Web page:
If you’re like the rest of the world, music is part of your daily routine.
You crank it at the gym. You blare it in the car. You hum along to it while boiling pasta for dinner.
You can’t imagine life without music. But are you hearing it?
Until a few weeks ago, I wasn’t — at least with any regularity. Most of my listening was done through earbuds, computer speakers and iPod docks — convenient, low-quality options. Just like you, right? I’m not sure when this happened to me. To us. It has everything to do with the proliferation of downloadable music and portable listening devices.
But I had an epiphany recently. I have since reconnected with music. And I ain’t going back.
The first slap in the face came on a weeknight. Rifling through a drawer, I found a forgotten pair of Sennheiser HD-280 Pro headphones. I haven’t used them as much as I’d hoped. I use earbuds.
On a whim, I plugged them into my laptop. The first random song I clicked was by ‘90s ghoul-metal band White Zombie.
What the — ? I did not remember White Zombie sounding anything like this: immersive, clear. I sampled another band: Steely Dan. Another: Rush. I clicked from song to song. Everything was so stunning. I finally forced myself to bed at 1:30 a.m.
Dragging into work the next morning, headphones in hand, I felt excited. Ashamed. Stupid.
For the past few years, I’ve been listening to music at my desk through Sennheiser CX 300B buds. An upgrade from stock iPod earbuds? Yes. But these HD-280 Pro cans crush those. The downside: They feel like wearing a football helmet. The upside: Instruments separate, unfold, like a peacock’s feathers. Even tunes streaming online.
I couldn’t stop. This was the music I remembered hearing before everything was played through tiny iStuff speakers and earbuds. I had to find my way back home.
The next step took place in a cinderblock workshop next to my house. I spend hours in that old room listening to tunes with friends. There’s a beer fridge. And pretzels. Life is good in the shop.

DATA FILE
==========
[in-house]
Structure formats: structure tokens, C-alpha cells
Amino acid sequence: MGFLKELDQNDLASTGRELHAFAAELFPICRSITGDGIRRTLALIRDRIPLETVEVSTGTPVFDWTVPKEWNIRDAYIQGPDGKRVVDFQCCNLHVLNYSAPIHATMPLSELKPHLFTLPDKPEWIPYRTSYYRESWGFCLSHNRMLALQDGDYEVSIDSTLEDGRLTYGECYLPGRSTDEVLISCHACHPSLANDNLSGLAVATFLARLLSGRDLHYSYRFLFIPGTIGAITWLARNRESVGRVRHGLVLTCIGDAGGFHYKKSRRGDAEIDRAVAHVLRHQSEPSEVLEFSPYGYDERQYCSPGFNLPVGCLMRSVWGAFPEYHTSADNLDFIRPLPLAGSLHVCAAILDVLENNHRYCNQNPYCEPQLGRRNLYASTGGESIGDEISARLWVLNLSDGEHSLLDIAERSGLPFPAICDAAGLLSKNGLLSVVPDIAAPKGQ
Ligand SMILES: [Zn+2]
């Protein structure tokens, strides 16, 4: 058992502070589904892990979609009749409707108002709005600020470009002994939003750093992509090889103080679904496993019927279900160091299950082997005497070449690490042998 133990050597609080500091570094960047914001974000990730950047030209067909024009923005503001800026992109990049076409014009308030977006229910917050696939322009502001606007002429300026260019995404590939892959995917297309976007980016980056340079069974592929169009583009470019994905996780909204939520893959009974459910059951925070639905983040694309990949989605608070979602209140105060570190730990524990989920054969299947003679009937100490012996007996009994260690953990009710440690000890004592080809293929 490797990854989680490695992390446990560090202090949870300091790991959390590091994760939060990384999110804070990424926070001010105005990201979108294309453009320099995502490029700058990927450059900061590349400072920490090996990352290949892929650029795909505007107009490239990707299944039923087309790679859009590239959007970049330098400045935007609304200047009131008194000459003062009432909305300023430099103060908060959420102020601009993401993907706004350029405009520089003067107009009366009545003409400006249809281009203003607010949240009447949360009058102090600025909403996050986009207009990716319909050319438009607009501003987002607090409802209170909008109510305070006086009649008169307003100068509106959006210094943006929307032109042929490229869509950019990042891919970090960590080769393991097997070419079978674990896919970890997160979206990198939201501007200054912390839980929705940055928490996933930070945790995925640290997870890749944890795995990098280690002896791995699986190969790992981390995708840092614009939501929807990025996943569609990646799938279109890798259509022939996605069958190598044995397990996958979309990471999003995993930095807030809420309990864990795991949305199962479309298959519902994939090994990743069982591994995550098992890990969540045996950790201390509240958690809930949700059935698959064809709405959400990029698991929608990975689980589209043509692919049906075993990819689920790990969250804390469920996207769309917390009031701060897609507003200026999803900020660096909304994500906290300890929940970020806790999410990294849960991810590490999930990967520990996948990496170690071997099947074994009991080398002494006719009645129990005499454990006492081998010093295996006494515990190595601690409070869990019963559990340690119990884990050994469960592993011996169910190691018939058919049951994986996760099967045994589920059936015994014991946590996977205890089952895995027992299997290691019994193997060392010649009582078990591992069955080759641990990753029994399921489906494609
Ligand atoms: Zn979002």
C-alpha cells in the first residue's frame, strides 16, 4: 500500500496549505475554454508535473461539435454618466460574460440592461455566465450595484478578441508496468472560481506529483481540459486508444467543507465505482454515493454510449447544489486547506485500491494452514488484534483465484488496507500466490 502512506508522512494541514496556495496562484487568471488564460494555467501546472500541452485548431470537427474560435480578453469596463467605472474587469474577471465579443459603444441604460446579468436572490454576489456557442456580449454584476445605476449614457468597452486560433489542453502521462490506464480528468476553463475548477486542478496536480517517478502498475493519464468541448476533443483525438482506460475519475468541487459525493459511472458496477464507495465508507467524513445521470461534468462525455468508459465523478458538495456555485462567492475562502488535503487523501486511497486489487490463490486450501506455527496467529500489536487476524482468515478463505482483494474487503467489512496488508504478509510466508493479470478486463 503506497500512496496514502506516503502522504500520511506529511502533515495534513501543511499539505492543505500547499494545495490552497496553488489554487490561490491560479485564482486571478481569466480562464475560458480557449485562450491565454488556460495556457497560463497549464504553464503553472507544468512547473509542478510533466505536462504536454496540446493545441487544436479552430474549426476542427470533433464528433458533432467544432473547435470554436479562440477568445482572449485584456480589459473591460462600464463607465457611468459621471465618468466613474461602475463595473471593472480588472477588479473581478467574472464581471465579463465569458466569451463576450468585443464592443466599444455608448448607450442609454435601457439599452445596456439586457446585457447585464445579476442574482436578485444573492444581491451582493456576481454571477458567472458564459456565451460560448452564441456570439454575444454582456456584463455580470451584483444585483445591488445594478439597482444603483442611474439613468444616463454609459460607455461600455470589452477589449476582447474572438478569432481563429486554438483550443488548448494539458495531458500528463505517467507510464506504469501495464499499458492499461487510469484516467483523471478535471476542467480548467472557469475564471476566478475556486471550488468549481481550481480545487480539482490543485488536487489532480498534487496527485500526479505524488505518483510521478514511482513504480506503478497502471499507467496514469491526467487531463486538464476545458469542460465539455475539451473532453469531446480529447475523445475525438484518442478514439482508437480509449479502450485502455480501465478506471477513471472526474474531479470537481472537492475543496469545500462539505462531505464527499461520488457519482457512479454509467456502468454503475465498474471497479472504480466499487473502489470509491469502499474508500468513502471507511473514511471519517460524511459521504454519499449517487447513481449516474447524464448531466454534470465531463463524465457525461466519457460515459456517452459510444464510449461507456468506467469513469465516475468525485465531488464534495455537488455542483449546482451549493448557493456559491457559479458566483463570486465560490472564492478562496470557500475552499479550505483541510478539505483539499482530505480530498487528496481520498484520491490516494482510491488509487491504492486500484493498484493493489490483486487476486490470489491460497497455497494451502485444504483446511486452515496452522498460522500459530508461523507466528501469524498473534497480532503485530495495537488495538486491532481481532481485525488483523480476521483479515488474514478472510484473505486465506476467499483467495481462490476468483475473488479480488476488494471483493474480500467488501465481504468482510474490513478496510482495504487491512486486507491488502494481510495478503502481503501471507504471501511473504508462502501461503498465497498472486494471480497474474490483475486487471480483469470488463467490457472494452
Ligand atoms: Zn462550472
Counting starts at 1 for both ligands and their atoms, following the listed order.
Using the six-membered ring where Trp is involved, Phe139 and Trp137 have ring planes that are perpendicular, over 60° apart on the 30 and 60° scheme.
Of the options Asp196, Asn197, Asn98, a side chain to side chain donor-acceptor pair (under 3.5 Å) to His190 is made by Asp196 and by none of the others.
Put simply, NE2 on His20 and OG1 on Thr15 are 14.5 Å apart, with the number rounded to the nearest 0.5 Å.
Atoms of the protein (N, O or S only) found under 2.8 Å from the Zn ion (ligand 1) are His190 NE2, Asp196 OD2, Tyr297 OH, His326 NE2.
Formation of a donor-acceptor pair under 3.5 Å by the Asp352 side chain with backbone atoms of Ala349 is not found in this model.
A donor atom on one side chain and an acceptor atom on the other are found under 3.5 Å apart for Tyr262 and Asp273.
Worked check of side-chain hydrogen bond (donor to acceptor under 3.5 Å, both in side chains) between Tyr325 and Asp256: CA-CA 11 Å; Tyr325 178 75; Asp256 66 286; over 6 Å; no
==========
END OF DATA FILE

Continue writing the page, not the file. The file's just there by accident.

Why on Earth were we using an iPod speaker dock placed on a workbench when I had decade-old B&W LM1 bookshelf speakers gathering dust in an upstairs closet? Because I was lazy. I had no audio receiver to drive those two speakers.
I spent a Saturday combing thrift stores. I landed a 1988 Denon DRA-425 for $40. I hooked my iPod to it. I hung the speakers from the ceiling.
The music in that shop boomed and radiated from heaven. We heard — and felt — details and texture that we had forgotten existed.
In the last two weeks, I’ve treated visitors to the Eagles’ live, pristine “Hotel California” from the “Hell Freezes Over” album. I’ve savored acoustic guitar juxtaposed gorgeously with beating drums on Nine Inch Nails’ “Somewhat Damaged.” I’ve freaked out to the robotic transcendence of Autechre. I’ve analyzed sheets of atmospheric guitar from Caterwaul. I’ve appreciated the nuances of Dave Brubeck’s time signatures and John Nemeth’s powerful singing voice.
Last weekend, after requesting the Cars’ “Hello Again” three times in a row, my 4-year-old suddenly asked me about the song’s melody, which he recognized as keyboards.
I’m not sure if I was more proud of the boy or the modest, rewarding sound system.
How did I ever let myself drift away from truly hearing music? If there’s any solace, it’s that I have company.
A generation of listeners has grown up believing that those white Apple earbuds deliver music as it was intended.
What’s the excuse for the rest of us? The seduction of technology — and price. Actual speakers and headphones do cost a little more.
Greg Nettles, audio/ video consultant at The Stereo Shoppe in Boise, Idaho, says my sonic rebirth isn’t unusual: “I encounter it constantly.” Last year, he helped his teenage son see the light. He took home Grado SR60 headphones to replace his kid’s iPod earbuds: “I said, ‘You know, this is crap. You’re my son! You can’t listen to this.’”
Not everyone derives infinite pleasure from reproduced music. But if it’s in your DNA — and, trust me, I’m no audiophile — it’s like tasting the most delicious meal ever.
Best of all, I never get full.
“There’s an emotional bond with music,” Nettles said. “When you can hear more of the music coming through, it just touches more of that emotional spirit we get that makes us laugh, that makes us cry.”
Not everyone will understand my tale, but I knew Nettles would appreciate it.
I just hope to shake the world’s shoulders as a reminder: Listening to music isn’t the same as hearing it. You may be missing out.
“God bless you for doing it, man,” Nettles said.